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Palladium is back over $800, silver is just below $30 and gold is moving in on $1,400 again.  With a close above $30 and $1,400 I think we can say this latest down draft is over.  A few more days – maybe by next week?  We’re close now.

Although I would usually publish this Email in the Mail Bag section, I think it is important enough to merit comment in the opening of the daily.

Dear Mr. Schectman,

I read you everyday…I have been accumulating  gold and silver bullion for 3 years now, and hold approximately 20% of investable assets in bullion and 10% in mining stocks.

Then I read something like this (Green is a well regarded Guy) and start to have tiny little doubts.

Could you to you tell your readers why you think Green is so very wrong?

Sometimes I feel like I should just stop listening to CNBC, or reading Fortune, Barrons,etc….they just don’t get it….or they don’t want us to get it. Right?

Any comments on this would be greatly appreciated.

Thank you Sir.
Warmest regards,”
Jeff K

Jeff is referring to the following article: My comments are inserted in red

But gold has more than tripled in the past five years and quintupled over the past 10 years. Gold bugs say it will go much higher, but there are good reasons to be skeptical…

The Runaway Gold Train

Gold is a wonderful hedge against inflation and economic calamity. And since we recently experienced a full-blown financial crisis, it’s natural that gold prices spiked. Actually, gold performs better in deflation than in inflation when it takes on the roll of an asset that can’t default.  I have written about this before.

But why is it still climbing? Things are getting better, not worse. The risk of a catastrophic meltdown has lessened considerably over the past year and a half. True, but that is the same position that my friend “Dr. J” took in yesterday’s daily.  Better does not mean good, it simply means not as bad and from the depths we are coming from, we have a long, long way to go.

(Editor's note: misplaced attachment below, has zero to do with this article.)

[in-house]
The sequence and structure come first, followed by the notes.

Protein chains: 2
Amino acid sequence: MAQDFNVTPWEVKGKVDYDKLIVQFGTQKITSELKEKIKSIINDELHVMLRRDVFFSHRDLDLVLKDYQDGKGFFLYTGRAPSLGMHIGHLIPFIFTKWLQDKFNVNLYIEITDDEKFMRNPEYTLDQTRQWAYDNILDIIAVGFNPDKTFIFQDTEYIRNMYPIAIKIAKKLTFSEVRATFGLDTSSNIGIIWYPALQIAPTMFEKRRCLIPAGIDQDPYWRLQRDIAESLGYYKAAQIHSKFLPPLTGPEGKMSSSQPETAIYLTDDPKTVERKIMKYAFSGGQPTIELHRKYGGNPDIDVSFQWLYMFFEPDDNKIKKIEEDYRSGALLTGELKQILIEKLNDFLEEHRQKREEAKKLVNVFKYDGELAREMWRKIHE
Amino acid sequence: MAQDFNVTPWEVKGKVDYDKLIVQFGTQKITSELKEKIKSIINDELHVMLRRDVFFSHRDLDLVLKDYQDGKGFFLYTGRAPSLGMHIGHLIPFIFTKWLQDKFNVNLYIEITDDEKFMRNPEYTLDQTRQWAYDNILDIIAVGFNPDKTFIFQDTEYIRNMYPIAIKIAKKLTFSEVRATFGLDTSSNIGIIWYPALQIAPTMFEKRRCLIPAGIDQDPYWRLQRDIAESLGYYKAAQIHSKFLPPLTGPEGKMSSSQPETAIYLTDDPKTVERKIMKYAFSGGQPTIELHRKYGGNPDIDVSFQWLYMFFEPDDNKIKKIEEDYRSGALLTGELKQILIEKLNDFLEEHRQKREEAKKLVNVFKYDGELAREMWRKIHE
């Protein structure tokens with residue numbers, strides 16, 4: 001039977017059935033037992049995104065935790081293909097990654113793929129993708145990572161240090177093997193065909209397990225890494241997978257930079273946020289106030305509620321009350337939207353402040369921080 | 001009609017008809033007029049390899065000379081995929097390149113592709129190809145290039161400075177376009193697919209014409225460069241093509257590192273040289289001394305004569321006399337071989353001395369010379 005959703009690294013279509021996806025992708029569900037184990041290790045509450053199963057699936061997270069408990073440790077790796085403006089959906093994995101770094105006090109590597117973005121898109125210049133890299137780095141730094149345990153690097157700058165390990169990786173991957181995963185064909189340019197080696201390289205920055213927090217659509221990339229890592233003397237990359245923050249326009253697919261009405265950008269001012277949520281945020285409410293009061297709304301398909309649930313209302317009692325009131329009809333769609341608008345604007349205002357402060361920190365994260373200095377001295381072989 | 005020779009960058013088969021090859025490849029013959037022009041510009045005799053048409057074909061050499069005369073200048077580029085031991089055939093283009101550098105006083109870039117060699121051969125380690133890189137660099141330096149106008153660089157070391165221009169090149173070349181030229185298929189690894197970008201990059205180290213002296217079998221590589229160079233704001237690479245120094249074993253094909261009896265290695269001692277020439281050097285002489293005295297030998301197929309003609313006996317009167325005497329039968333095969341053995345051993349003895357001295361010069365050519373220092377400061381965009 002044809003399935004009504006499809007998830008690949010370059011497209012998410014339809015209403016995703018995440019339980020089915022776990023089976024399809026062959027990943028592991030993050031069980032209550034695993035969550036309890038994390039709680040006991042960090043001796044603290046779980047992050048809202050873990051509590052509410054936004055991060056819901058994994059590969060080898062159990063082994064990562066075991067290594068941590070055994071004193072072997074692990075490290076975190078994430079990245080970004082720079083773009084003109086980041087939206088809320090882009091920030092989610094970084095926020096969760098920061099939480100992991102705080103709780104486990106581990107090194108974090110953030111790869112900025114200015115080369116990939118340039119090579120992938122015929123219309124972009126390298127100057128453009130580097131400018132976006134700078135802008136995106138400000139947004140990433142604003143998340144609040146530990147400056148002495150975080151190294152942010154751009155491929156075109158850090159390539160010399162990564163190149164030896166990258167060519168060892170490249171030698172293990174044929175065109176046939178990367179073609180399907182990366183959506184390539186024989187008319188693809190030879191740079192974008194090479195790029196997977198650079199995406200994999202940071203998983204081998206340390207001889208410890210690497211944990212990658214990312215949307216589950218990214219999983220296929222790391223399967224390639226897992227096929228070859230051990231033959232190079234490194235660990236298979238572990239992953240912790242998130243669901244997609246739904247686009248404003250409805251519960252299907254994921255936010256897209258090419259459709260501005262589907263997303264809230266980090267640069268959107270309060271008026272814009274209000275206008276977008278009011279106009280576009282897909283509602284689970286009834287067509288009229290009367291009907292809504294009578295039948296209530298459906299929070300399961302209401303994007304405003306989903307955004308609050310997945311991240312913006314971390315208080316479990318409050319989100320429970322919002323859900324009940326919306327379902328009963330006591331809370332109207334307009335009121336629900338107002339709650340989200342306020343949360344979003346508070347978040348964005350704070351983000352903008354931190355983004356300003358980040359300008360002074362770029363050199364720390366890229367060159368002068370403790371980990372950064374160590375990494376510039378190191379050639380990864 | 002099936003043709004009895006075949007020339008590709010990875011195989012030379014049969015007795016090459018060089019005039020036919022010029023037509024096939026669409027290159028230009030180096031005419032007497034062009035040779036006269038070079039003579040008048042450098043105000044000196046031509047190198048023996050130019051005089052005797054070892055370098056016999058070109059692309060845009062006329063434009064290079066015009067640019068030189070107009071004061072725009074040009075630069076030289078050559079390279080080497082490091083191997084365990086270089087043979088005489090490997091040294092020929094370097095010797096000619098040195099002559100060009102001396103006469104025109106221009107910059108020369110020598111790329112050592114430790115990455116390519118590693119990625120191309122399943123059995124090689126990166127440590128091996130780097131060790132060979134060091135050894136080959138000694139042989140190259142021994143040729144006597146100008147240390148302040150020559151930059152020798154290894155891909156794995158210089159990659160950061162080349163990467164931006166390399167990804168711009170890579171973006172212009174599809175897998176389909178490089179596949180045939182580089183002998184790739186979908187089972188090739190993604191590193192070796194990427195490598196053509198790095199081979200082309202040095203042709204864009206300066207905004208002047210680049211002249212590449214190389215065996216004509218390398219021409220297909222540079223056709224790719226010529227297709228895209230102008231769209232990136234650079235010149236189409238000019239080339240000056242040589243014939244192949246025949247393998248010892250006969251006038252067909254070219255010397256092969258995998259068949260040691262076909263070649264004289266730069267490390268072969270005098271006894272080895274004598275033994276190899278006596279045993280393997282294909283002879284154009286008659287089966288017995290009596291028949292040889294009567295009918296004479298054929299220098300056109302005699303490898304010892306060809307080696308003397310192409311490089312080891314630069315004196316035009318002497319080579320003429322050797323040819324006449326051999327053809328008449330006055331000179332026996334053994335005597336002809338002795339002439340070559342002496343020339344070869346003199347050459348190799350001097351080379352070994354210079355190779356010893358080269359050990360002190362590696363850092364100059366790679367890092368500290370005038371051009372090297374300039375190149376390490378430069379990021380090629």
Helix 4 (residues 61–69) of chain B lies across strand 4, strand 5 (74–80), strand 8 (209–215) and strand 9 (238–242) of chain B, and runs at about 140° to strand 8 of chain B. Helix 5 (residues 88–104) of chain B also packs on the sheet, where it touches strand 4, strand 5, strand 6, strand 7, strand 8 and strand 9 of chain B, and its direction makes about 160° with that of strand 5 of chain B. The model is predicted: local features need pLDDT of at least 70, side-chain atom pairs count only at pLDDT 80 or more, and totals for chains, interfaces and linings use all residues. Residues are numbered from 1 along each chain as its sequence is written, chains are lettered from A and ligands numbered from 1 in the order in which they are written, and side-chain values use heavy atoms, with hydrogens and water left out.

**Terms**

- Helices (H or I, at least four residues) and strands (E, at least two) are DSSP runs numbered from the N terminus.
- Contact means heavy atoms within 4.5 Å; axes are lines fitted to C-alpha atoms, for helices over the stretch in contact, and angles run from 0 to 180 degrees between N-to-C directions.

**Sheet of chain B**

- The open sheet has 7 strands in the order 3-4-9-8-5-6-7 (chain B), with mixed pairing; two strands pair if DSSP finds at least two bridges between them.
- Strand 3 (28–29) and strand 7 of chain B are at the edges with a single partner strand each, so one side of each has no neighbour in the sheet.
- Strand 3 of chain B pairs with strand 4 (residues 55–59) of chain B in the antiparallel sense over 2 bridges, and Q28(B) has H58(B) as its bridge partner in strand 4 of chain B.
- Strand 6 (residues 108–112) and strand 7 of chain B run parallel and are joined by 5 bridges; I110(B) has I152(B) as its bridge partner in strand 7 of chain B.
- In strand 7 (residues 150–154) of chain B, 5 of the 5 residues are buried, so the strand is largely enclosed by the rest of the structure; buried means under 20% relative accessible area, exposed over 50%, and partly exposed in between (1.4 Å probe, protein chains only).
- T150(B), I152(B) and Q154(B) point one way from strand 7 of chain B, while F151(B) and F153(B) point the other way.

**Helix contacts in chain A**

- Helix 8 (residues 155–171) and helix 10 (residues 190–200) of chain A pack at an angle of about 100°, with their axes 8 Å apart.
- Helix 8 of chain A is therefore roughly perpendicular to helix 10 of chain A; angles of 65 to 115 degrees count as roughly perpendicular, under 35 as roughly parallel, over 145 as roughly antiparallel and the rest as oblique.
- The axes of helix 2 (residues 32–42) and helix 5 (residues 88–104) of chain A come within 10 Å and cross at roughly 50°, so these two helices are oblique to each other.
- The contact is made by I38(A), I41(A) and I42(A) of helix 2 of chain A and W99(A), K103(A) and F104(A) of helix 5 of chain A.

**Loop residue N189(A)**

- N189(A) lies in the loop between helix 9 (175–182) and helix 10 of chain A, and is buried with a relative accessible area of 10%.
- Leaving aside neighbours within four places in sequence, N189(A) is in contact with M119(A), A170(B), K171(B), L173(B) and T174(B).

And inflation? The CPI has dropped from 2.7% at the end of 2009 to 1.2% at the end of 2010. Inflation is not a near-term threat.
Doesn’t Mr. Green read John Williams?  Inflation is NOT 1.2%, it’s more like 8%.  And let us not forget, the real definition of “inflation” is NOT the rise in the CPI, it is an increase in the money supply, which is shown in the second graph of the Fed’s MZM.

“Expect that to change,” the gold bulls insist. They predict that higher inflation is just ahead because commodity prices are rising, the Fed is printing money and Congress is spreading it around with a fire hose. And why not?  The Fed IS printing money and Congress IS spending it.

But there are significant disinflationary forces at work right now, too…

The Factors That Could Stall Gold’s Price Rise

1.      The real estate meltdown, which is far from over: Most Americans’ biggest asset is their home and as values continue to slide, it will make homeowners even more reluctant to spend.

2.    High Unemployment: Traditionally, inflation moves higher during periods of higher wages and benefits. But with one in 10 workers on the sidelines, that’s not a significant threat. The real inflationary threat comes from what Jim Sinclair refers to as “cost push inflation.”  The debasement of the dollar is leading the way to higher prices, not the “pull” from increased demand.  Notice the “push” versus “pull” catalyst here.  Mr. Green has this wrong.